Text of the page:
Just finished Software Architecture in Practice by Bass, Clements, and Kazman, and I have to admit to being pleasantly surprised. It’s a dense monster of a book, published by the Software Engineering Institute, and talks about a topic that’s really hard to talk about in a general but still useful way: hence my surprise at finding it both useful and, on balance, readable.
It starts slow with a cumbersome discussion about the architecture business cycle, but it picks up with a discussion of what exactly software is, how to document it (hint: there is no one true recipe), how to design to meet quality attributes, and how to evaluate one. Interspersed throughout are more or less interesting case studies from industry — useful, but most of them are from a narrow domain and are quite dated.
Of special interest are the chapters discussing how to design an architecture to meet a set of quality attributes such as performance, or stability, or extensibility. what makes this discussion so good is how concrete it is — very specific guidelines and tips are provided for architectural design elements that support each of the quality objectives. I won’t go into any more detail, but just these chapters alone are worth the read.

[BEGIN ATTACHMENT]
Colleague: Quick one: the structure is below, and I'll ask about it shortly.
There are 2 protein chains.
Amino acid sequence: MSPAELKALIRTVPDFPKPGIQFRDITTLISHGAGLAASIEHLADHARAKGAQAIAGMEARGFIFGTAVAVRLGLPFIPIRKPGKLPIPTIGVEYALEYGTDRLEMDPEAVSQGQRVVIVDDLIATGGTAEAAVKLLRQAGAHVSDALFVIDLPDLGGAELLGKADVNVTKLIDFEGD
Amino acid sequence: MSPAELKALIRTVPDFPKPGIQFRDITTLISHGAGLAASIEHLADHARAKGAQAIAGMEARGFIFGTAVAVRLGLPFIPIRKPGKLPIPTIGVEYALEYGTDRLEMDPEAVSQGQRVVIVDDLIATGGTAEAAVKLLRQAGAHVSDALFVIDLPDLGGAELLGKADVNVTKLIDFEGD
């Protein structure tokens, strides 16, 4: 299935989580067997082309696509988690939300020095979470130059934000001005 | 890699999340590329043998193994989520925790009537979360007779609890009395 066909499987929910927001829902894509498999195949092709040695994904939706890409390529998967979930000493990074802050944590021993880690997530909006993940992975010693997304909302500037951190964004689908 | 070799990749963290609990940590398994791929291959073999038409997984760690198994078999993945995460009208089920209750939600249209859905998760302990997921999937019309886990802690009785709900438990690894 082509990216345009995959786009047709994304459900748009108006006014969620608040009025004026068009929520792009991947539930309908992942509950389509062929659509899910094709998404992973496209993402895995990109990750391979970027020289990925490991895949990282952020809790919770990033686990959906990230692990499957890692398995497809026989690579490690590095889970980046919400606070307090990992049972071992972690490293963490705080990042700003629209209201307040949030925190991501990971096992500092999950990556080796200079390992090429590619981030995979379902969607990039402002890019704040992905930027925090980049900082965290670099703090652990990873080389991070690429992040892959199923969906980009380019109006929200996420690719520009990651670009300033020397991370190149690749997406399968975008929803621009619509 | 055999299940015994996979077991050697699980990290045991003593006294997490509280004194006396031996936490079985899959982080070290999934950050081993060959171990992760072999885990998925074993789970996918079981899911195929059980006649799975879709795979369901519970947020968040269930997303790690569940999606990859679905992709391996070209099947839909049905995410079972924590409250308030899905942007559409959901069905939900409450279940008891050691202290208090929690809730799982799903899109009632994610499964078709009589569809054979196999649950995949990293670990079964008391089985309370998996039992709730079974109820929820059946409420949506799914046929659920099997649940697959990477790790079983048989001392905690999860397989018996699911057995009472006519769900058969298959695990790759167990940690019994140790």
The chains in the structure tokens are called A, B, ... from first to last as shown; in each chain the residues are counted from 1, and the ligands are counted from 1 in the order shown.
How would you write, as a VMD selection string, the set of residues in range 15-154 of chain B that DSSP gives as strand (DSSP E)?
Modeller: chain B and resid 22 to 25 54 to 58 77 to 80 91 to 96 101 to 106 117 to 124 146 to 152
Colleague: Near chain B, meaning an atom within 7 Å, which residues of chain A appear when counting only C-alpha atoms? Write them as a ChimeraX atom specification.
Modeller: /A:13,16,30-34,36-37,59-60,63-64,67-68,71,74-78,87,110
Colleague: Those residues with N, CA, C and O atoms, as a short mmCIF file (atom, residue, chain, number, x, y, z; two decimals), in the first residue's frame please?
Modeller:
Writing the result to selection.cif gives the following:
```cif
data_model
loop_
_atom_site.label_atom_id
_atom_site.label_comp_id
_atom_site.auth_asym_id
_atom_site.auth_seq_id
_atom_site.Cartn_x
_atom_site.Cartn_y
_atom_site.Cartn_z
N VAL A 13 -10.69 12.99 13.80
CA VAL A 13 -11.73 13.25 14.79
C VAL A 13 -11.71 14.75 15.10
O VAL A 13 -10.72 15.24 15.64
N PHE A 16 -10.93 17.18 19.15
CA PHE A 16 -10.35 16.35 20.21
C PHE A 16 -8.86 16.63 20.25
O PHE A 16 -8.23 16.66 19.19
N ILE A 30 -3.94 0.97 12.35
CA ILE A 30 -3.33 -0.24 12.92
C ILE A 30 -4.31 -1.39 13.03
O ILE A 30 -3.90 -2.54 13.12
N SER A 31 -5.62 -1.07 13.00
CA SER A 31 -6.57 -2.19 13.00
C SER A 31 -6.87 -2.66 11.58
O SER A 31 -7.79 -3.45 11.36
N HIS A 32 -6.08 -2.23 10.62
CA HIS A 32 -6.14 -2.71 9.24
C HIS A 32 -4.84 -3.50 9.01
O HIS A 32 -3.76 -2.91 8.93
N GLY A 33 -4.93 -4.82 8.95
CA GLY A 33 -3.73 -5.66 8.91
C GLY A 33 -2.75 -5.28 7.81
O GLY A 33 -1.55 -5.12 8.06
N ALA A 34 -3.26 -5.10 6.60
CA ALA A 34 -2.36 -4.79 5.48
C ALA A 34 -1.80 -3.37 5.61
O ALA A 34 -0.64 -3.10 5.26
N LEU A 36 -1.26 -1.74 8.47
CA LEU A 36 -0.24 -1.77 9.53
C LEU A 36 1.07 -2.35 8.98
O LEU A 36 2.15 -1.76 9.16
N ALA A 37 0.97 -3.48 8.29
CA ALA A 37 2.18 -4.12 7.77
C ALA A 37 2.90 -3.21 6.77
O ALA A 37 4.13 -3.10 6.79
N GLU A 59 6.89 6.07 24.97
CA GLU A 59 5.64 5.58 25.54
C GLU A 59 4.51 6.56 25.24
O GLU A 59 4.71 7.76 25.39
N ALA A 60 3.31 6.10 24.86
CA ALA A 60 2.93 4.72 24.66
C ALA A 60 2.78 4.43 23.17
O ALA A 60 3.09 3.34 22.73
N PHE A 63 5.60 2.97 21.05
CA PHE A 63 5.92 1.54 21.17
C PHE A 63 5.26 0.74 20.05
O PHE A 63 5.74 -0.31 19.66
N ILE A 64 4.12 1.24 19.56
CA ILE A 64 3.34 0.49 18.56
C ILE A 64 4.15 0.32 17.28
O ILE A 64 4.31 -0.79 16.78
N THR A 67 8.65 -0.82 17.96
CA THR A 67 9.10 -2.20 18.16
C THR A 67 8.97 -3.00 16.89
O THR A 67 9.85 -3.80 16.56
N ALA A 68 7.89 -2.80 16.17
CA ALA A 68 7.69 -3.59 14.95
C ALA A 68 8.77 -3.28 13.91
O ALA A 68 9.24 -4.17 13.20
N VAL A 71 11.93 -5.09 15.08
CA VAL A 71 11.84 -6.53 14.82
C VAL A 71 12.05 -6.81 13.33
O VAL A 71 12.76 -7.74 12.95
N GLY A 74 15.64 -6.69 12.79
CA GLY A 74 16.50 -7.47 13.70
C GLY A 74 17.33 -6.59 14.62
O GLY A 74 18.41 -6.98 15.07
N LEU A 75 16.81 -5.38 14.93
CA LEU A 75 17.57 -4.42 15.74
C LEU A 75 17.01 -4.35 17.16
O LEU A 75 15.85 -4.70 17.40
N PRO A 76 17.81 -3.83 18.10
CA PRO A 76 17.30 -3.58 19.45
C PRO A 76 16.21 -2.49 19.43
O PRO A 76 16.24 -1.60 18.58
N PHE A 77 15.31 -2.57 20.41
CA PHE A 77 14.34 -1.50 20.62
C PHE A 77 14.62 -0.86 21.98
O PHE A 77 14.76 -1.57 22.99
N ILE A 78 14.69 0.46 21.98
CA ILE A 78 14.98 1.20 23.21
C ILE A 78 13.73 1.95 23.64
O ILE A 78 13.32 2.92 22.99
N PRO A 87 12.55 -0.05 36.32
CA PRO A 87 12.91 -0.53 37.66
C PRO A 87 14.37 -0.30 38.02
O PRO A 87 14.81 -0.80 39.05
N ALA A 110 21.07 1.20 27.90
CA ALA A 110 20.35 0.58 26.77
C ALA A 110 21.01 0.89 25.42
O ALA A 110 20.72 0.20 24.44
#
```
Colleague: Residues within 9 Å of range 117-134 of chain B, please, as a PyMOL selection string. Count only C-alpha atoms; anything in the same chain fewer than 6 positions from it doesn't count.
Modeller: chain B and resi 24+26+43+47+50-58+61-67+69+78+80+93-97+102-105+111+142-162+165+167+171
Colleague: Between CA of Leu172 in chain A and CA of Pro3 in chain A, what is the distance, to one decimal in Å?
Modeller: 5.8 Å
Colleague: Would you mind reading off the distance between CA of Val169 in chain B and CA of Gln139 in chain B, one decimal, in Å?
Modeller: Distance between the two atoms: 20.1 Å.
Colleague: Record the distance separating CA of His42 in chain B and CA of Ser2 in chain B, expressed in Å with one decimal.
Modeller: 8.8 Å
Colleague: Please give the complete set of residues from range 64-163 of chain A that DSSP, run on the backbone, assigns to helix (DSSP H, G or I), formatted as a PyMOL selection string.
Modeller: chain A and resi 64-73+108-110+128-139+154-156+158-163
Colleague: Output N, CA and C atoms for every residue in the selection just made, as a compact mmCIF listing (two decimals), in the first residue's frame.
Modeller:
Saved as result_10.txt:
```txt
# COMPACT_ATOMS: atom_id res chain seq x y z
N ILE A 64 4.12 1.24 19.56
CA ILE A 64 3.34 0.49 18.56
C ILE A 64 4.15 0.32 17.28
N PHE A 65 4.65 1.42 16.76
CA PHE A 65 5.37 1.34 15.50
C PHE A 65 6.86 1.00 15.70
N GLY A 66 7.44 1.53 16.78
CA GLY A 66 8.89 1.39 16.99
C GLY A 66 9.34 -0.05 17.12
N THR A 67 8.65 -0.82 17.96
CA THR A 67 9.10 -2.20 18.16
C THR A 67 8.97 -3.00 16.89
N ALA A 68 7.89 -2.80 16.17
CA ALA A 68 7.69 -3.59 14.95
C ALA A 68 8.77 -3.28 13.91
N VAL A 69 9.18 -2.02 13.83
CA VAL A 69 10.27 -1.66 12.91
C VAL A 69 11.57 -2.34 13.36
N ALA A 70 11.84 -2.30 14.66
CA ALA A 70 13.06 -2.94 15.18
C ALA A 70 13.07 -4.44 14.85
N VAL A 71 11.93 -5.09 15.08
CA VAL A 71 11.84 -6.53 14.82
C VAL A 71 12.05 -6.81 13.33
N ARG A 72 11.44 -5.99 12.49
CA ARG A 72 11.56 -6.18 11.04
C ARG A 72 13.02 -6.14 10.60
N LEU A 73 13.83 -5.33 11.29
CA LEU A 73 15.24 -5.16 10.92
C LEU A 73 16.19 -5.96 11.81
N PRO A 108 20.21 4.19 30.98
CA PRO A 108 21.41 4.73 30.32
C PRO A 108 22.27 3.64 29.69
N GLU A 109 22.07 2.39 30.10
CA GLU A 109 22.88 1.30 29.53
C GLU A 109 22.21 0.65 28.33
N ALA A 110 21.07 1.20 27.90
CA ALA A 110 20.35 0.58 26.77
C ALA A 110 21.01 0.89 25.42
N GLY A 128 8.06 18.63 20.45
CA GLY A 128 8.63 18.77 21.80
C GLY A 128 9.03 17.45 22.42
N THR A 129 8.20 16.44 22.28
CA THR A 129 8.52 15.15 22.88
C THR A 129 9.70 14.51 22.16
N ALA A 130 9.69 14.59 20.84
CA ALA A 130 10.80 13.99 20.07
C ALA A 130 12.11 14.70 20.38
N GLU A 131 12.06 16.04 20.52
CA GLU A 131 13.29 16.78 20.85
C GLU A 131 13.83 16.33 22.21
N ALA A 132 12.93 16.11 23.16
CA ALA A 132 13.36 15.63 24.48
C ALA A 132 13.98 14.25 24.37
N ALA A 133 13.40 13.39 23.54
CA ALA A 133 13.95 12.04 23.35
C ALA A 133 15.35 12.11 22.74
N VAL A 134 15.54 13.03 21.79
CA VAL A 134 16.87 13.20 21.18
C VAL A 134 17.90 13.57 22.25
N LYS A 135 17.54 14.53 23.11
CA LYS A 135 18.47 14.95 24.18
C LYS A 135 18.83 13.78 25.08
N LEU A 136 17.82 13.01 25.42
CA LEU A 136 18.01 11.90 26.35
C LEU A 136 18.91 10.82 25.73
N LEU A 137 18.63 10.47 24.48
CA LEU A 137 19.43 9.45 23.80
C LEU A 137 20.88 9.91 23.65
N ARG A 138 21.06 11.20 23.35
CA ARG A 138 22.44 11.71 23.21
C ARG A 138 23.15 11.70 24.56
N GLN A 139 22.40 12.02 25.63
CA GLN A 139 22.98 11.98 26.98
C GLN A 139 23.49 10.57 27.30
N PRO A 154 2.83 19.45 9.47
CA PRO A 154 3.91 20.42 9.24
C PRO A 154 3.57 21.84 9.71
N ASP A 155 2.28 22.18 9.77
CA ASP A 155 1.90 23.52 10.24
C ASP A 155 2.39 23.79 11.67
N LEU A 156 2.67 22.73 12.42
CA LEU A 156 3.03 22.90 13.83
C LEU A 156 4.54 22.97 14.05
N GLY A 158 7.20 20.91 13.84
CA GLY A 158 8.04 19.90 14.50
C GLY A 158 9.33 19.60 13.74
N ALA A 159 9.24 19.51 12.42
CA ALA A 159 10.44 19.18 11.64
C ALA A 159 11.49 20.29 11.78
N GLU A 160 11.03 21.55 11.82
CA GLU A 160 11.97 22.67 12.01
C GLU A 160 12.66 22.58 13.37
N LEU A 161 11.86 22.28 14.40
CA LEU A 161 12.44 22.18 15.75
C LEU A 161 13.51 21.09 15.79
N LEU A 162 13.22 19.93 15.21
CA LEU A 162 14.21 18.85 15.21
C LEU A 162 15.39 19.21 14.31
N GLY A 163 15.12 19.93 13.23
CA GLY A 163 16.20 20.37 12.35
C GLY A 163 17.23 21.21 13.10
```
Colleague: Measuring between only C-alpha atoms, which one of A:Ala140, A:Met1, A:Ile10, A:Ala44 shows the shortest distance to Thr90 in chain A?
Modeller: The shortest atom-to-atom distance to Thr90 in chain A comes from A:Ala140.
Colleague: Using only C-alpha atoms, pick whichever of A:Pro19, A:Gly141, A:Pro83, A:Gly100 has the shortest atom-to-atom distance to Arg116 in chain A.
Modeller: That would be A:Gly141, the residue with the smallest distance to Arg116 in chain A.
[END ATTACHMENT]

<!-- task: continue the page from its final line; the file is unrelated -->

The chapters discussing architecture evaluation are also interesting. The ATAM model from the SEI is suggested as the preferred way to perform such evaluations. Like most SEI models it is cumbersome and overblown, yet built around a very sound core. My main criticism of the model is that it depends on more technical knowledge in the set of reviewers from “the business” than is generally found, at least in my experience. But the basic model of presenting the architecture to stakeholders, reviewing against non-functional quality attributes, and assessing risk factors is very reasonable and a very good exercise. Better, the exercise must begin with a set of business goals defined for the architecture — not for the products built upon it — which has immense value not only for the architect but for the business folks who have to consider it.
So I have to recommend the book to anyone interested in architecture or large-scale design. Just be prepared to skim over the occasional part(s) you find tedious and you’ll enjoy it quite a bit.